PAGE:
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Office Christmas Party's talented cast is its best feature, and its downfall

It’s a comedy about taking risks, but it plays it way too safe.

Courtney B. Vance and T.J. Miller in Office Christmas Party
Courtney B. Vance and T.J. Miller in Office Christmas Party
Glen Wilson

Rating


2.5


A big studio comedy requires a handful of ingredients: a bunch of talented character actors, some kind of novel but relatable situation, good jokes, and a selection of running gags that will get funnier as they recur over the course of the film. If it’s the holidays, just set it in December and sprinkle in some holiday-themed humor, and voila! You’ve got yourself a Christmas comedy.

I suppose it’s a sign of the times that this year’s three big Christmas-themed comedies — last month’s dismal Bad Santa 2, the upcoming Why Him?, and Office Christmas Party — all combine these elements in an R-rated package, equal parts naughty catharsis for weary grown-ups and competitive sport for “most transgressive.” Call it the Apatow effect: Christmas doesn’t turn out the impish but mostly family-friendly fare (like the Home Alone movies, The Family Man, The Santa Clause, A Christmas Story, and, of course, Elf) that it used to. Don’t bring the whole family.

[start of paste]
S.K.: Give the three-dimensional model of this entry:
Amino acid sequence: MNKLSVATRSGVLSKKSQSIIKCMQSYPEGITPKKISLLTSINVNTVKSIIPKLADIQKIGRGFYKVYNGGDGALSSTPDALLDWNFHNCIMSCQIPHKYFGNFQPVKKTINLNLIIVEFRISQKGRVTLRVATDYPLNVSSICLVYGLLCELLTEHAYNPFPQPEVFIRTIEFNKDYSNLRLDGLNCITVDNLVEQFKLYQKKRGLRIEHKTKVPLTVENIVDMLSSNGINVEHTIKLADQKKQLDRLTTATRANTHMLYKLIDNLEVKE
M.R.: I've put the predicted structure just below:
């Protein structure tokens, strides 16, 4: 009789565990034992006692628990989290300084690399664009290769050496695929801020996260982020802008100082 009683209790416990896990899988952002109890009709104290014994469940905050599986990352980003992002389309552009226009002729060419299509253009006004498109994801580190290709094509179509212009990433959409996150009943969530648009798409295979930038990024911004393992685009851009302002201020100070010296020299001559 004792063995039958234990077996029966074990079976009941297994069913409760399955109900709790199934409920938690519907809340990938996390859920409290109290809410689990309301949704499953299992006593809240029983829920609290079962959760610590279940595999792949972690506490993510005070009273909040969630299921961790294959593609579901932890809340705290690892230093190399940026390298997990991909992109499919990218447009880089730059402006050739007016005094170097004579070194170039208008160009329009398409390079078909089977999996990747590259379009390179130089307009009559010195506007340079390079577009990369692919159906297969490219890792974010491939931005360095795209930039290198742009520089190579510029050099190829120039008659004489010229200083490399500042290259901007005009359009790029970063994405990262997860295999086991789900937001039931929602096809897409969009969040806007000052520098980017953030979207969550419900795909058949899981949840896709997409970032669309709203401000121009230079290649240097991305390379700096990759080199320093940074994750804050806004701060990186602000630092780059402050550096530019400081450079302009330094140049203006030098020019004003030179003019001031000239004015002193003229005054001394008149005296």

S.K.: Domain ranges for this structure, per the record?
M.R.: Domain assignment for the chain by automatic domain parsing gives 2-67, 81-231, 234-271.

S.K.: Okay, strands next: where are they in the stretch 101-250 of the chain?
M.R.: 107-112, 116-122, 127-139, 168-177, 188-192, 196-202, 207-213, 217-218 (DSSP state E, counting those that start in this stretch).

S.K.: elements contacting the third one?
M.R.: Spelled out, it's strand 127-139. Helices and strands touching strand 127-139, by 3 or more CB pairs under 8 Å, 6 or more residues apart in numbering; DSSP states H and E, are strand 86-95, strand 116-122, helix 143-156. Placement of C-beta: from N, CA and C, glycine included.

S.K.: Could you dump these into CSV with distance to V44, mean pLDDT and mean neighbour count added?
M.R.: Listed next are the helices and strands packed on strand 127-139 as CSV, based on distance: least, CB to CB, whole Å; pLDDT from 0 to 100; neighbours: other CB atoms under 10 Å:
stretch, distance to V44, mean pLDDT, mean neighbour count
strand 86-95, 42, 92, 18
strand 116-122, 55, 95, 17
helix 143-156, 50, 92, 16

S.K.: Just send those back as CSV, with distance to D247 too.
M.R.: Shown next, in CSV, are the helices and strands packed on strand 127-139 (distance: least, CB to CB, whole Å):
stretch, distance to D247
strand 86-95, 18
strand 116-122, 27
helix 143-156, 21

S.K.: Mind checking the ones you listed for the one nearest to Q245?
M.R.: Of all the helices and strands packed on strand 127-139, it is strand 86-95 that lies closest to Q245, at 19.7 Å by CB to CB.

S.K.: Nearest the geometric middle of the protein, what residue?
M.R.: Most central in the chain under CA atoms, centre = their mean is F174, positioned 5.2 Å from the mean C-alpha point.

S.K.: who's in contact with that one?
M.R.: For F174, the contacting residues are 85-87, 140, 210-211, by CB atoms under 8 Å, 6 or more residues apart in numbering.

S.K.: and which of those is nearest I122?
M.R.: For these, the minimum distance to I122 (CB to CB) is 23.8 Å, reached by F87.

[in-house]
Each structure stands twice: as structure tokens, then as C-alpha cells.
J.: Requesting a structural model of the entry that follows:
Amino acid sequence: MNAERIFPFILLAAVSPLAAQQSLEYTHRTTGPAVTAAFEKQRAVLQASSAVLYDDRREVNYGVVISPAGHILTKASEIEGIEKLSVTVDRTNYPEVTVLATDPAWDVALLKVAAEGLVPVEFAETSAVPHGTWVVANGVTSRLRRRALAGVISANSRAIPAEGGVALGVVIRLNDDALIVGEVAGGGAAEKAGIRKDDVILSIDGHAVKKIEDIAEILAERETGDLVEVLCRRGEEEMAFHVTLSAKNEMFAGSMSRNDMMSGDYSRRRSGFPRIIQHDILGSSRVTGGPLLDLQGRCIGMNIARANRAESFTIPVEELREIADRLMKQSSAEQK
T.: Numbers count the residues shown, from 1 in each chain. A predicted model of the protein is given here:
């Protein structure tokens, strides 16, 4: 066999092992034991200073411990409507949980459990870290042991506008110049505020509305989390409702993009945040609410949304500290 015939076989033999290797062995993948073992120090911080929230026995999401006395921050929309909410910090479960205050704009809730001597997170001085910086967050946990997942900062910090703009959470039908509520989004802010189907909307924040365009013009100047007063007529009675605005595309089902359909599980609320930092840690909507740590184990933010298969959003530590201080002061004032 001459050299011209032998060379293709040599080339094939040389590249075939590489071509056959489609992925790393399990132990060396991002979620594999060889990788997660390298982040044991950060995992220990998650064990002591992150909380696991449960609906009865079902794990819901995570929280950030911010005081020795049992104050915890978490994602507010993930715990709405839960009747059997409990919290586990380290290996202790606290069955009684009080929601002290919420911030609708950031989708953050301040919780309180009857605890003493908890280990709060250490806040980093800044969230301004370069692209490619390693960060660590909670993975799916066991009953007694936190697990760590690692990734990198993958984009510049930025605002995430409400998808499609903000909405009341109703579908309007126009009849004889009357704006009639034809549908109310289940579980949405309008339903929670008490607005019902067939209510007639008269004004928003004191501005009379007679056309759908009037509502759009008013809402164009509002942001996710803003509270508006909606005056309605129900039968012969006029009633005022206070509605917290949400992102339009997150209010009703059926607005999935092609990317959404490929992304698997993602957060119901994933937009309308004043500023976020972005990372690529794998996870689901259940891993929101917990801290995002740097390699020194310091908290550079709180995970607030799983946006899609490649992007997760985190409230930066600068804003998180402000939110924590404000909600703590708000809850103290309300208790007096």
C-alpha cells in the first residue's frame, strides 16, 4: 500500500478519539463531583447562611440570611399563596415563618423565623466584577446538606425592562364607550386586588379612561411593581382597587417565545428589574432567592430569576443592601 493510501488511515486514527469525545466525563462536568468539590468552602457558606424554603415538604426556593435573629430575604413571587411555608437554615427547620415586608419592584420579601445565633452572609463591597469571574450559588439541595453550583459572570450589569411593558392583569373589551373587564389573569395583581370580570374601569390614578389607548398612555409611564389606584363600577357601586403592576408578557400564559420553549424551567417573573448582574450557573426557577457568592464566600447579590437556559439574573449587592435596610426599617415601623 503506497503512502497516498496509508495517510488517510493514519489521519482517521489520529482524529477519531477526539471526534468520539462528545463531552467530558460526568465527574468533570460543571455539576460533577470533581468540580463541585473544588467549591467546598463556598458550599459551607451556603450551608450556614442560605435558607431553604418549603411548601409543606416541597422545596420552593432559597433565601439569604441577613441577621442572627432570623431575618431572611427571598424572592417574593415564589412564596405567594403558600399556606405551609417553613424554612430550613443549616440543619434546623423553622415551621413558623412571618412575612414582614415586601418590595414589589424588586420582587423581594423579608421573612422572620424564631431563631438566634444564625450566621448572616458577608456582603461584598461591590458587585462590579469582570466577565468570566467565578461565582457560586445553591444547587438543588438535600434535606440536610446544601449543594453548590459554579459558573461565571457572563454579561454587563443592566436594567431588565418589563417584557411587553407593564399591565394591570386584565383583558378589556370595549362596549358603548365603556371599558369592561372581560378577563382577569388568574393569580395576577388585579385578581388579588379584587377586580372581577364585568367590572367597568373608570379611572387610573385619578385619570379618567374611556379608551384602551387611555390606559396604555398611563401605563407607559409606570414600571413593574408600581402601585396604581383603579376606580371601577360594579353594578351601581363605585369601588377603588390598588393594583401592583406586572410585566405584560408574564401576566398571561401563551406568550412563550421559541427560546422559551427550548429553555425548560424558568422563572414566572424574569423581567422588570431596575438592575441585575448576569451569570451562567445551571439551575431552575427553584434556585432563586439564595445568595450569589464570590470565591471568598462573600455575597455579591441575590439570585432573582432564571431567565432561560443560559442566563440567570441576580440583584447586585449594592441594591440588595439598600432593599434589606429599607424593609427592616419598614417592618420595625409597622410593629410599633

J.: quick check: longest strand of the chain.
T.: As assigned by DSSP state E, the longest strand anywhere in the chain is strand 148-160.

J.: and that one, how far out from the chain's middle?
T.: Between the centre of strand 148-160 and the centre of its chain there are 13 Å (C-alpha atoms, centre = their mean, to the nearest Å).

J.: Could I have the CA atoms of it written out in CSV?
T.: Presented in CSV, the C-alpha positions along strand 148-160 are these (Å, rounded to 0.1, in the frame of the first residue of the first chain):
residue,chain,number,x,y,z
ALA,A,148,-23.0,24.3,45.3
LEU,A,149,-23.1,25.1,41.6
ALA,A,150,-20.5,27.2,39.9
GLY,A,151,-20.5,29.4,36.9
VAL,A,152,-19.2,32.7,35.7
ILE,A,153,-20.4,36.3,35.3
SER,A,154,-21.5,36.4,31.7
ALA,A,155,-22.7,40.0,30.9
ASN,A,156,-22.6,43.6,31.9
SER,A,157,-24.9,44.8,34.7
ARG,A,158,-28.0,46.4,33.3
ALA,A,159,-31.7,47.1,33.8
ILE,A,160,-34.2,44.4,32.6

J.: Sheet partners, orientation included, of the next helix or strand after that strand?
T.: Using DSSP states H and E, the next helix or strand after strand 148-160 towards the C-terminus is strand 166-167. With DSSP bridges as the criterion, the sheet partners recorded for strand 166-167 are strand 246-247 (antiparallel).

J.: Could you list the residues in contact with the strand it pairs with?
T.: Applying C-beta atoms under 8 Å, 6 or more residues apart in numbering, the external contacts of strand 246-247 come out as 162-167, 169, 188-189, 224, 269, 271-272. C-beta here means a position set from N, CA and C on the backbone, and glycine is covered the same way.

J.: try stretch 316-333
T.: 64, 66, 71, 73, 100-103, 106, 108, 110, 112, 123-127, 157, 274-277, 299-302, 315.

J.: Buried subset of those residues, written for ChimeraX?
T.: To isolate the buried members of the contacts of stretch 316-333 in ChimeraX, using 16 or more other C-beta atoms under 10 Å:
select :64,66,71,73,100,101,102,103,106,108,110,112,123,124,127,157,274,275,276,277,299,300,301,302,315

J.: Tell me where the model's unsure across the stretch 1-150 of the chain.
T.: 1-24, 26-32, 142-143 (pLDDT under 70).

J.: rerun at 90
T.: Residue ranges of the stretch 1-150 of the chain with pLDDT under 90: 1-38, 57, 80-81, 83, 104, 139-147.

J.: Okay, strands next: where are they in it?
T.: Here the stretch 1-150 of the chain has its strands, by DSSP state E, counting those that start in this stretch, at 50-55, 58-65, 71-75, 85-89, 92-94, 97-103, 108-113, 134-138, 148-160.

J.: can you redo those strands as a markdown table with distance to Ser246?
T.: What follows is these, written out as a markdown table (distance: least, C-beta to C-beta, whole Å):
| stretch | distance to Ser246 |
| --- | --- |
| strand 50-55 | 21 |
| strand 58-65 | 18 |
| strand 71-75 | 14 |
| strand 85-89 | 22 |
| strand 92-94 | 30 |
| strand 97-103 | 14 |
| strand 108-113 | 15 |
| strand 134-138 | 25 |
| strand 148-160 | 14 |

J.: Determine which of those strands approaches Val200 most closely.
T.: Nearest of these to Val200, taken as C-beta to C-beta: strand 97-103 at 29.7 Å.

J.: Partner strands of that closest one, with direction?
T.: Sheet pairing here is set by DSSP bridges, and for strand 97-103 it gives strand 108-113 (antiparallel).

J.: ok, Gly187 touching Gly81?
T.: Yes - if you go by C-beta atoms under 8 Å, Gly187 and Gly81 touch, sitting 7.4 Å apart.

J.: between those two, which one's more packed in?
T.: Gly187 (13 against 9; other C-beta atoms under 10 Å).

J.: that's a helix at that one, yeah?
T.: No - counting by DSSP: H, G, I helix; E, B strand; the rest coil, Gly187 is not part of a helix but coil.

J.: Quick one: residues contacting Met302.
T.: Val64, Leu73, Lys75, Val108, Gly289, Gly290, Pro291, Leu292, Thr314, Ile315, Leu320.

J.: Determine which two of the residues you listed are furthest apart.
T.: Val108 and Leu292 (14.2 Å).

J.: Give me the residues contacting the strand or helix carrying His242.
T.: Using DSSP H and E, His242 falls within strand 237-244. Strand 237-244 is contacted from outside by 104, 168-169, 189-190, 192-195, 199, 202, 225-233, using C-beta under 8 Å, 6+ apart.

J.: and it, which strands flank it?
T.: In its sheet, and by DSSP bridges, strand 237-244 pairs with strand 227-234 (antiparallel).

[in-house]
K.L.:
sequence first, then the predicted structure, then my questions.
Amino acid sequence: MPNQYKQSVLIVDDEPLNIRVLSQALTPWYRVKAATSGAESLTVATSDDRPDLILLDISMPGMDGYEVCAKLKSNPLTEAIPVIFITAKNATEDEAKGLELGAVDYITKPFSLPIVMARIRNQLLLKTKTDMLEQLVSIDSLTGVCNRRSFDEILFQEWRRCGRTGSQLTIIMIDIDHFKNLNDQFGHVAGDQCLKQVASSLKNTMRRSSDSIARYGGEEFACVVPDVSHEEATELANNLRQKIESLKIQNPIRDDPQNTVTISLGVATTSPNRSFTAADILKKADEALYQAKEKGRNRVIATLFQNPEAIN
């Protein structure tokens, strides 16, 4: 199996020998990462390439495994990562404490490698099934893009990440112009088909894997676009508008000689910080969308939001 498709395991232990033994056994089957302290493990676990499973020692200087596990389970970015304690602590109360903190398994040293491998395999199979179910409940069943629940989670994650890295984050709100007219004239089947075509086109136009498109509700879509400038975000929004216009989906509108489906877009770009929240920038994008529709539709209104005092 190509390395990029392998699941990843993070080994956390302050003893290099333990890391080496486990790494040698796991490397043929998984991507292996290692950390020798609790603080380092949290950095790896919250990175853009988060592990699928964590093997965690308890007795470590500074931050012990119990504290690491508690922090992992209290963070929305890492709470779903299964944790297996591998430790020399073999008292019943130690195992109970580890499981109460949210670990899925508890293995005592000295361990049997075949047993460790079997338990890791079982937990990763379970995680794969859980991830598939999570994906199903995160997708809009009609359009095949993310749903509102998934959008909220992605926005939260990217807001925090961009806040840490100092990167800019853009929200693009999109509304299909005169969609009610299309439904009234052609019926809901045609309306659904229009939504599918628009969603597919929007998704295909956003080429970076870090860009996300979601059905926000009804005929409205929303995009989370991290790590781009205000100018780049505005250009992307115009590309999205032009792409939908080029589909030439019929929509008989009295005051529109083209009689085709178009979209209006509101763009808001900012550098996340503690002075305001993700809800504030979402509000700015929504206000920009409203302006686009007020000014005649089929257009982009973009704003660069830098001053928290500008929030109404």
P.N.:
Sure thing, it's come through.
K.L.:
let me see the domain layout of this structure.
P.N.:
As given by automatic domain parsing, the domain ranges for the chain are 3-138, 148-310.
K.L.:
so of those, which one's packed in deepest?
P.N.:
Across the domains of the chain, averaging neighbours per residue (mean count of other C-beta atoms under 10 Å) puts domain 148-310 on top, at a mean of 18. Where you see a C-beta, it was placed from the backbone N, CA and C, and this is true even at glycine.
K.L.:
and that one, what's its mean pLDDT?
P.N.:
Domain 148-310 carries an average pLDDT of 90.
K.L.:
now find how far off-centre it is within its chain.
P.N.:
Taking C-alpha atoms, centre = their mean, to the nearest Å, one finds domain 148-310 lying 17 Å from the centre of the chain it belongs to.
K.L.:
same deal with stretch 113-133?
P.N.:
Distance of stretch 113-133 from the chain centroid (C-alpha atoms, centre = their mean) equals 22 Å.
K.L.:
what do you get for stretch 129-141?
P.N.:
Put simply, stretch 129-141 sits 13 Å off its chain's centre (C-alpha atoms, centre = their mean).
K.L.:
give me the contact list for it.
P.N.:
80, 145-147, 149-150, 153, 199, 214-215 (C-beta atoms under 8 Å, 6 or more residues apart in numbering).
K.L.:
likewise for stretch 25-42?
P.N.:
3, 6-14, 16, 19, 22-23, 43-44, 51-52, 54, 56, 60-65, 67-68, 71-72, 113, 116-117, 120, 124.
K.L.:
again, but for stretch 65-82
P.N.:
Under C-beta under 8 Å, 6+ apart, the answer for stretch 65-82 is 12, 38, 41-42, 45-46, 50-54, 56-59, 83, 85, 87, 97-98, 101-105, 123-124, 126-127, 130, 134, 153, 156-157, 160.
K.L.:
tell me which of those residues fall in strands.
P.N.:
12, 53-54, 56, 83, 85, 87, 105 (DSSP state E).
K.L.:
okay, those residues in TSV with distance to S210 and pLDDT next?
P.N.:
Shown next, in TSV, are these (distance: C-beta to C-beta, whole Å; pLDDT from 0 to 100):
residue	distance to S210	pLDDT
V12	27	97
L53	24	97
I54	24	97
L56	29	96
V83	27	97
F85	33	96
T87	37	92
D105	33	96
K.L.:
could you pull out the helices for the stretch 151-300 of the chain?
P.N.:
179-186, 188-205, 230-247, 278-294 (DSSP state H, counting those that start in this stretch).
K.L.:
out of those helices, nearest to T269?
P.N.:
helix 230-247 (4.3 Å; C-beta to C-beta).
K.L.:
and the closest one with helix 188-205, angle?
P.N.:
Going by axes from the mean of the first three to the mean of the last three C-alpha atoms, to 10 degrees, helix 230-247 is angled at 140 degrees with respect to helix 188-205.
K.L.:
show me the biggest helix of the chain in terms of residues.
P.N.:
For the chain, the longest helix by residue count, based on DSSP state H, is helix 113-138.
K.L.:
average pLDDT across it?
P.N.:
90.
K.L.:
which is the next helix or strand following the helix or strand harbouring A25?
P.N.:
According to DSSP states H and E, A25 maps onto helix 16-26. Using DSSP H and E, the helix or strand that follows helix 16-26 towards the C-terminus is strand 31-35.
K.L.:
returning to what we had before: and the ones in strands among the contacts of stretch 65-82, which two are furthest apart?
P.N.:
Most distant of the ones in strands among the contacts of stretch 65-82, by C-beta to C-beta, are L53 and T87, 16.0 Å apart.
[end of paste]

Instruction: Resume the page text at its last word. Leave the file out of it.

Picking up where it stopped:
And that’s okay! But only if the Christmas comedies are also funny.

Office Christmas Party, from Blades of Glory directors Josh Gordon and Will Speck, has all the elements it needed, and a clever premise too: What if your staid office holiday party was hijacked and turned into something more like a frat party, but for grown-ups? Would upsetting the natural order of things be jarring or delicious?

Turns out it’s just, at best, wildly uneven. Like a sloppy drunk cubicle-mate who will have to apologize for his behavior on Monday, Office Christmas Party swings between being pretty entertaining and marginally coherent.

Office Christmas Party wants to be a cathartic romp for an anxious age

In a manner curiously similar to both Bad Santa and Why Him? — and, I suppose, in the grand tradition of It’s a Wonderful LifeOffice Christmas Party sets itself up as a tale of corporate woes and money troubles. Recently divorced Josh (Jason Bateman) is the chief technology officer at the Chicago branch of Zenotek Data Storage Systems, where his defining characteristic is that he always plays it safe. (Surprise! Bet you didn’t expect that from a Bateman character.)

Olivia Munn and Jason Bateman in Office Christmas Party
Olivia Munn and Jason Bateman in Office Christmas Party
Glen Wilson